Always useful things like this and the low polycount yet superb mapping makes them excellent scene fillers. This is one seriously huge update Looks like a lot of hard works gone into preparing this and the other packs, a great thanks for the props
Sorry if I wasn't enough detailed in my explanations. I'm a French guy so I do my best to make myself understand.
When I ask about the converter, it was to import the meshes the Unreal Editor that come with Unreal Tournament 3, which is a earlier engine with much less capabilities than UDK. UDK as been made for moders, game developers & such, not for mappers who still make maps for UT3 with the "old" editor & most of us are maping as a hobby not as a career or something alike.
But now, since you explain the process, I know what to do.
Ah ok. Ben dans ce cas je n'en connais quand même pas ^^ J'ai jamais touché à UT3 ni UT4 d'ailleurs. J'ai touché à l'UDK seulement pour avoir un aperçu ingame de mes travaux. Autant dire que j'y connais rien
Yep, j'suis français, fallais jeter un oeil au profil pour le savoir
Therefore, can you suggest me a good converter to convert FBX & OBJ files in TGA files ? The goal is to import the meshes in a package to use withing the Unreal Editor.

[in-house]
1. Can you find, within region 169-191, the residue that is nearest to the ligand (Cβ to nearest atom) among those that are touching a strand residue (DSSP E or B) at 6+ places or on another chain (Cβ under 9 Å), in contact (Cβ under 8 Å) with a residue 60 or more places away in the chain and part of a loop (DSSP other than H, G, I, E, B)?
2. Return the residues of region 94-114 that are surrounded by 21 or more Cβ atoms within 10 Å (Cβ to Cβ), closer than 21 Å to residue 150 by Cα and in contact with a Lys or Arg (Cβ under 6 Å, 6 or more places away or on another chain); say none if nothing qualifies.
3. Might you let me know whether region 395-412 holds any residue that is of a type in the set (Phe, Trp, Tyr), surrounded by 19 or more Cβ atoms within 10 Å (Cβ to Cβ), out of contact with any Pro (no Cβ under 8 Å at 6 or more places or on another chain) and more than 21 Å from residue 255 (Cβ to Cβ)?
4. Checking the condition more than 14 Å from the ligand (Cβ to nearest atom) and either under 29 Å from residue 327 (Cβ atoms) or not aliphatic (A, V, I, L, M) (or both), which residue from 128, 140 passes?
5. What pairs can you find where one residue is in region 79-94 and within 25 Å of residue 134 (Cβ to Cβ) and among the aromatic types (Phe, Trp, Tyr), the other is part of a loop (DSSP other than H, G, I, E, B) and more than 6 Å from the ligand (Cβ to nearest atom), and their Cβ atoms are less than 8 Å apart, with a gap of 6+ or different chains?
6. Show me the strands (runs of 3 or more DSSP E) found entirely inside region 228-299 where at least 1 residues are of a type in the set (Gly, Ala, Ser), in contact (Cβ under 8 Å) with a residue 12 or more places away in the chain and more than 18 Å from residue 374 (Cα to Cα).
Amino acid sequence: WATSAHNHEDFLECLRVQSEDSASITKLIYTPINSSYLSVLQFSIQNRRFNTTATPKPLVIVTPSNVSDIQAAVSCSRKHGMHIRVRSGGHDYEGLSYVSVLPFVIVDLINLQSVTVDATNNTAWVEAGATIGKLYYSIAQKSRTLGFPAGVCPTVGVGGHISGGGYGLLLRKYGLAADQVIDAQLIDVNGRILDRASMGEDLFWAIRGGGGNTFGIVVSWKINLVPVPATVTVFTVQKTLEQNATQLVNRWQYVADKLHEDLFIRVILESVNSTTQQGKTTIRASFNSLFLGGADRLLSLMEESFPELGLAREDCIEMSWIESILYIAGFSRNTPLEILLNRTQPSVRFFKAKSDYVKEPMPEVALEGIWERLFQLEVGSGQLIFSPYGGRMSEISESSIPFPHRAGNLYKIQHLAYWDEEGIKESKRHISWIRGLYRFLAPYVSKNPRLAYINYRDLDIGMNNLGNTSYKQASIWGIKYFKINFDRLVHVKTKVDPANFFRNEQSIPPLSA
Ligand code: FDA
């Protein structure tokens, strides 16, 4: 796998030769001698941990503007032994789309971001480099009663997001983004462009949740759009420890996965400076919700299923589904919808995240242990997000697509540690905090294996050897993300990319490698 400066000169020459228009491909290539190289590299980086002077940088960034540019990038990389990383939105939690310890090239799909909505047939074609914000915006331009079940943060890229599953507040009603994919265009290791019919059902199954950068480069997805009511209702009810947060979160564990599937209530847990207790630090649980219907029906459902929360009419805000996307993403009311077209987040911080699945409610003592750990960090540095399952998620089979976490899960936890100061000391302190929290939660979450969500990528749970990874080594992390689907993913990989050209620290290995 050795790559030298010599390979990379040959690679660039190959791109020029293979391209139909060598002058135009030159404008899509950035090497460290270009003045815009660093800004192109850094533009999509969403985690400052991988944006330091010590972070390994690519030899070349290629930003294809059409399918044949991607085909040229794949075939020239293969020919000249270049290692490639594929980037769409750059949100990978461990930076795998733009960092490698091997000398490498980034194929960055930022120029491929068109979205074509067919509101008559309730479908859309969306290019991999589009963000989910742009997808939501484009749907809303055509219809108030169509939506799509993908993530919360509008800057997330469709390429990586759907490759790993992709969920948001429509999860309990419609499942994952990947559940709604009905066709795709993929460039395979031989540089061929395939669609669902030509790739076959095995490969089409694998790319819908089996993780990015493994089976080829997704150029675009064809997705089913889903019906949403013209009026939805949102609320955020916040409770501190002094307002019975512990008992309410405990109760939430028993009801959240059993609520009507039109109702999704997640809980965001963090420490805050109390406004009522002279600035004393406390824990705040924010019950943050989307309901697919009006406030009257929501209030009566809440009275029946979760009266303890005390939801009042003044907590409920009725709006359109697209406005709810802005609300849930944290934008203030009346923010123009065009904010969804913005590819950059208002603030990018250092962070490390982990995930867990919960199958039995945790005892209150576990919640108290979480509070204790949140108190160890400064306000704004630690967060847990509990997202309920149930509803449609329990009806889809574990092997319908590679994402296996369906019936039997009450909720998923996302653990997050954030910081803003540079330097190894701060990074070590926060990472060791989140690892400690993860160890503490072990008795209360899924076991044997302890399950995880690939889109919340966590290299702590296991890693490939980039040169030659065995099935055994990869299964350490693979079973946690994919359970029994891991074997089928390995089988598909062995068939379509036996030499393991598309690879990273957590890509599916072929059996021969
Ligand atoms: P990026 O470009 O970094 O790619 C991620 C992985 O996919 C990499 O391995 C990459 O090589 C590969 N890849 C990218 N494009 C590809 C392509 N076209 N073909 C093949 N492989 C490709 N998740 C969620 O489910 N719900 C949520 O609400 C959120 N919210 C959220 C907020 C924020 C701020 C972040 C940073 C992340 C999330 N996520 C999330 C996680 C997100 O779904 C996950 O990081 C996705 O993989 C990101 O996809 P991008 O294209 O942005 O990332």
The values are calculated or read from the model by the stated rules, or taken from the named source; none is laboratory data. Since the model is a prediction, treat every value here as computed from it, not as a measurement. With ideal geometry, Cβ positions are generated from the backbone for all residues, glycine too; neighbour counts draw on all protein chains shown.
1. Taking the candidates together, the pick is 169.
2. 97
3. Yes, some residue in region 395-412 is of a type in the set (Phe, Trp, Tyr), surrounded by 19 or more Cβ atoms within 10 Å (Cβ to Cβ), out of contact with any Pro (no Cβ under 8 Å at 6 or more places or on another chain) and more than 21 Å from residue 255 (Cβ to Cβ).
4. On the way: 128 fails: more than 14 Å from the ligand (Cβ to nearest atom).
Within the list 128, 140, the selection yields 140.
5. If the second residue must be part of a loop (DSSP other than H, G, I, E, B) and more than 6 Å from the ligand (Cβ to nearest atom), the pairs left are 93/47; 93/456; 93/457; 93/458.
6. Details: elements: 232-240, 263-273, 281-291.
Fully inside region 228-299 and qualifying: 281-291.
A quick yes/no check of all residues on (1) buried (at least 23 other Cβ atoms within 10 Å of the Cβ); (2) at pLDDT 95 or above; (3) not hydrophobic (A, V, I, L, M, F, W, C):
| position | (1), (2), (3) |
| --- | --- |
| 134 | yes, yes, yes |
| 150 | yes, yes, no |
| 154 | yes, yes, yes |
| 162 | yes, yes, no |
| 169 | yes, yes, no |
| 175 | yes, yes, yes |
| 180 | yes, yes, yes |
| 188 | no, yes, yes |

I already started to make a pack that contain some of the 3D textures & I want to make a complete pack that include all your awesome work so I can use them in my maps. Full credits will be giving to you of course for making all those really nice assets
I think you don't get it. You can't convert 3d meshes (.fbx or .obj) to an img (tga) They are 2 different things. .fbx & .obj are for the 3d meshes and .tga for the maps. .fbx & .tga are compatible with UDK. You can use my packs in UDK. You just have to import them & to create the material with the UDK material tool. I don't provide the .upk file, a bit too heavy & it give you the possibility to do what you want with the maps.
I've got that a bit on the mind at the moment. I've spent the last 2+ years working on very low poly assets and worlds ... and displacement mapping is akin to this distant, awesome dream of what the future looks like even if computers are already there.